Information from geobotanical surveys

Large-scale mining in Latin America has employed traditional methods of exploration for minerals based on geology (rock colouration), radiometrics, photogeology, thermal analysis, geochemistry and satellite imaging. Thus geobotanical methods of mineral exploration, concerned with the detection of subsurface mineralisation by an interpretation of its vegetative cover or 'indicator plants' (Brooks 1998) are rarely reported in the literature of the Region. Two of the few geobotanical surveys published in the Region are those of Viladevall et al. (1994) in Bolivia and Fernandez-Turiel et al. (1994) in Argentina. Viladevall et al. (1994) suggested that Baccharis incarum (Asteraceae) and Fabiana densa (Solanaceae) are good shrubs or 'tholas' to be used as regional metal indicator plants in geobotanical surveys for Au, As, Sb and other metals in the altiplanic areas of Bolivia, as their leaves are indicators of the metal contents in the subsoil. In the Puna belt of Argentina, however, these species grow on many soil types (Bonaventura et al. 1995). Although these plants cannot be classified as hyperaccumulator plants as they only reached a maximum of 540 mg kg 1 Sb in their leaves, a value below the criteria of >1000 mg kg 1 for Sb-hyperaccumulating plants, they may have metallophyte status. Fernaandez-Turiel et al. (1994) suggested that Prosopis alba (Mimosaceae) and Larrea divaricata (Caesalpiniaceae) growing near an old smelter in the Sierra Pampeanas in Argentina had two to six times more Sr, Cd, Bi, Zn, Ni, Li and Cu than the same plants growing on unpolluted soils. They reported that all the shrubs studied had the same pattern of metal accumulation in above-ground structures as metal levels increased in soils, with the exception of P. alba and P. nigra which accumulated more Zn than the other plants growing in the same soils (700 vs. 200mgkg~1 Zn in ash), a characteristic of metallophytes. Furthermore, with the exception of serpentine floras described in Cuba and Brazil, there are no reports of unusual locations where metallophytes dominate.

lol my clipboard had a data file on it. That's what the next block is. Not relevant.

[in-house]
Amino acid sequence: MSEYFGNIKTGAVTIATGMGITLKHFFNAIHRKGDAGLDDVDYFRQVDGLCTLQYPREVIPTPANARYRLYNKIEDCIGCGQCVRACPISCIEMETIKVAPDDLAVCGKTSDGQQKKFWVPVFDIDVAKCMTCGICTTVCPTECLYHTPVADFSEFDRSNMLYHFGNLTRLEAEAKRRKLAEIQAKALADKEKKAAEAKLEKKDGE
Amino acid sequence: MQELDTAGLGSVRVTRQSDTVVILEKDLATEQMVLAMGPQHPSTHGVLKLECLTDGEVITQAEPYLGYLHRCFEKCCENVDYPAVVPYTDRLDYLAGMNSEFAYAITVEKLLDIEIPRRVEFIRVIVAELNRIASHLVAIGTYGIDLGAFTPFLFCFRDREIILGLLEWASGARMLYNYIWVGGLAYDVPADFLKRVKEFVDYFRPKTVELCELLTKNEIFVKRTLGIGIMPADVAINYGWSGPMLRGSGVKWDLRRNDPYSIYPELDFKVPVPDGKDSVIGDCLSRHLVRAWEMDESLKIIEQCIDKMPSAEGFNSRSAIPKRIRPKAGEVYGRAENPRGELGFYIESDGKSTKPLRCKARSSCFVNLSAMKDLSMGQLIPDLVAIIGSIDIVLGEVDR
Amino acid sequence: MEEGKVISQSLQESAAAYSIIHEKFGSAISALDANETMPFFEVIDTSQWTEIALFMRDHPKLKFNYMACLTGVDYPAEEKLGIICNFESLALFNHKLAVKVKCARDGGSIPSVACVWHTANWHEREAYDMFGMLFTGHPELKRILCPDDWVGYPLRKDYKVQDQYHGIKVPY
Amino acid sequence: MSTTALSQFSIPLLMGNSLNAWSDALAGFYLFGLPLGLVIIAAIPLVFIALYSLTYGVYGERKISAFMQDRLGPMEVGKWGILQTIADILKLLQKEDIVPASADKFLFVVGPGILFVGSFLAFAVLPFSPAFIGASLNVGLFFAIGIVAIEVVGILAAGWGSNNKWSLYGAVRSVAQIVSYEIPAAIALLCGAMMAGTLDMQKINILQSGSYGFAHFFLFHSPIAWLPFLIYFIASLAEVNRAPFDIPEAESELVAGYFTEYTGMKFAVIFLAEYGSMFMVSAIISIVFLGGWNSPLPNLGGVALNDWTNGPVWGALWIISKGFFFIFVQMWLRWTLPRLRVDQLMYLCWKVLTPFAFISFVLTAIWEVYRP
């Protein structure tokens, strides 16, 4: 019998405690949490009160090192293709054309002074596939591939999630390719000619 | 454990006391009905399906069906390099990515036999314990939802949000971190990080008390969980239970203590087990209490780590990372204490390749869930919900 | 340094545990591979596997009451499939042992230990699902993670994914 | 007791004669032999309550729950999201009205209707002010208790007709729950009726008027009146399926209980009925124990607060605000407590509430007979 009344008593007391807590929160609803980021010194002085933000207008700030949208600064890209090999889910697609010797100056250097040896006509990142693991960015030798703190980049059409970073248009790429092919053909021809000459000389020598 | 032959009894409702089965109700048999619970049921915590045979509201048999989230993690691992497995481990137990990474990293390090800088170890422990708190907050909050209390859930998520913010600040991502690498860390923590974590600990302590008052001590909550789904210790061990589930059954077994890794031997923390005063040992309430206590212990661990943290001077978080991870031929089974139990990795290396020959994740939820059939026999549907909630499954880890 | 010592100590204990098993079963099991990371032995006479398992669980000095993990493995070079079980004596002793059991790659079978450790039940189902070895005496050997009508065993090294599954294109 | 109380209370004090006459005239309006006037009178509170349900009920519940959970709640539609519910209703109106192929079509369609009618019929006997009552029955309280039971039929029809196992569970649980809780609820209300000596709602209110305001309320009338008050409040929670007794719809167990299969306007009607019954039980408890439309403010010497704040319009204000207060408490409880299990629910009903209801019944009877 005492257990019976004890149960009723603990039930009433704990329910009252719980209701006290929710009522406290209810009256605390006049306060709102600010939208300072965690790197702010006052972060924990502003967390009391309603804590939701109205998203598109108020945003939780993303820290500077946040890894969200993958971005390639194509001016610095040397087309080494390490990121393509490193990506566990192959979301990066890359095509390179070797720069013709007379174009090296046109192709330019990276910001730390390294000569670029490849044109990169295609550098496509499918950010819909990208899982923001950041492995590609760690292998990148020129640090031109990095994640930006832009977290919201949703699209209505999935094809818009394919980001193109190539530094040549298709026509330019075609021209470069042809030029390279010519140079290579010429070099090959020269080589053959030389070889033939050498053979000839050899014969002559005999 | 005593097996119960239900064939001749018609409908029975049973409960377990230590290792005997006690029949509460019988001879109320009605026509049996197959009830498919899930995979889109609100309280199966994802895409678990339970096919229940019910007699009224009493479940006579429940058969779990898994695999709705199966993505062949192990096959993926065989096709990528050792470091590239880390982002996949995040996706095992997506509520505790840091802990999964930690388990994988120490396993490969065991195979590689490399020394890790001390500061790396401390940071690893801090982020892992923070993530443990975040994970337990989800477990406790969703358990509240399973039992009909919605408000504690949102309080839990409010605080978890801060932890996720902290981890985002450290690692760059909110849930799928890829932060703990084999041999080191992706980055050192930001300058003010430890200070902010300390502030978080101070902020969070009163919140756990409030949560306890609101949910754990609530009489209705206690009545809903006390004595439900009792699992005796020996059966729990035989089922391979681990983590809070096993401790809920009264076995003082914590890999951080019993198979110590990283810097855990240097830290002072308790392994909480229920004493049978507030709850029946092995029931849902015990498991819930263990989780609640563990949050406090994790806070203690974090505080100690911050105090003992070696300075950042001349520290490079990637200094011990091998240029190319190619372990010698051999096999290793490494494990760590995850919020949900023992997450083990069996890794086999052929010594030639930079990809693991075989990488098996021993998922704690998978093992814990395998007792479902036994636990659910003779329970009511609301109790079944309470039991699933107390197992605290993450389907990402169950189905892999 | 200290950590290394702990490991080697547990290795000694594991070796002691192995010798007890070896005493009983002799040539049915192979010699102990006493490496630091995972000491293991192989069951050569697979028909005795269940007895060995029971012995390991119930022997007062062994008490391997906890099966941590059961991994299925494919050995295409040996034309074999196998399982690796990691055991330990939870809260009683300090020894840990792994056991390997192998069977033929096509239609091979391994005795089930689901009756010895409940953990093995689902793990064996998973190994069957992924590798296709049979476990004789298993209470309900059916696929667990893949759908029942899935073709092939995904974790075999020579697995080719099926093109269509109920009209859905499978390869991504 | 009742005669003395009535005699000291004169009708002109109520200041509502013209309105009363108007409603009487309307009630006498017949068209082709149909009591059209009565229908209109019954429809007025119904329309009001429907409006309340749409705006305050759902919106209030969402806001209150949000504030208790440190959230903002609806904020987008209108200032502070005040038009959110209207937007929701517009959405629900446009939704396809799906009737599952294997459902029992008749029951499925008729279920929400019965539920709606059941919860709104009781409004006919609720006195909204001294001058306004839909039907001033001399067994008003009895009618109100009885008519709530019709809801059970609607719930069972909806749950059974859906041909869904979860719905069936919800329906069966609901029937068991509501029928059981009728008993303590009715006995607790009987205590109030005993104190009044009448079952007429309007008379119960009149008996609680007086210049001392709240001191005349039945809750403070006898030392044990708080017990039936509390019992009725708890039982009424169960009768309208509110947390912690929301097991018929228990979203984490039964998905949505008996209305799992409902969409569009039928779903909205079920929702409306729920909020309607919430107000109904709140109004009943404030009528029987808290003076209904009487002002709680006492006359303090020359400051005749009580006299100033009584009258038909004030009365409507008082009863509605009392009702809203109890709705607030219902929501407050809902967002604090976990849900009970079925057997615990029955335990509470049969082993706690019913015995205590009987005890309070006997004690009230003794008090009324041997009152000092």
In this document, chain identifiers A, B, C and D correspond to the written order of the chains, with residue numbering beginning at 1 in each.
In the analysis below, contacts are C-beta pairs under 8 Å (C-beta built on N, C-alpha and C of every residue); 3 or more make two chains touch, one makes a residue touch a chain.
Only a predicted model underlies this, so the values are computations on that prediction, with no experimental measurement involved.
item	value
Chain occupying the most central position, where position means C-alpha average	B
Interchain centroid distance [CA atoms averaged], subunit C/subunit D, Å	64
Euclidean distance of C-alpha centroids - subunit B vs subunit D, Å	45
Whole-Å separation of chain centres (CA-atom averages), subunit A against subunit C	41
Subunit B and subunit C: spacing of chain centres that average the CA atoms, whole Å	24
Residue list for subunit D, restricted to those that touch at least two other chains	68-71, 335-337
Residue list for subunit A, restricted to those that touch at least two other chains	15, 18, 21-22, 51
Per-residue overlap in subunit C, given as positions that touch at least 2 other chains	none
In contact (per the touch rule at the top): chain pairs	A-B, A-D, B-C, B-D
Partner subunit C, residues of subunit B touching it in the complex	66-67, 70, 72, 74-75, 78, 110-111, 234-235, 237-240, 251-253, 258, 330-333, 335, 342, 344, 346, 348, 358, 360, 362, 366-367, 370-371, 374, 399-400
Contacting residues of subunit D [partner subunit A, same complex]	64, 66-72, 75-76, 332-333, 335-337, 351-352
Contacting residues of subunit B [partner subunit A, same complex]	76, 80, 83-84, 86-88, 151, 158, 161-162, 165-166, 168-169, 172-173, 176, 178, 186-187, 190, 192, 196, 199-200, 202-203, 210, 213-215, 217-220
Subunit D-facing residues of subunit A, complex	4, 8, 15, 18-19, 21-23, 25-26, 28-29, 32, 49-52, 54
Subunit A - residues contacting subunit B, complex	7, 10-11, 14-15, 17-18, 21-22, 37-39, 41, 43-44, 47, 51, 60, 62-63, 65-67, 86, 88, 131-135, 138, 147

Was this article helpful?

0 0

Post a comment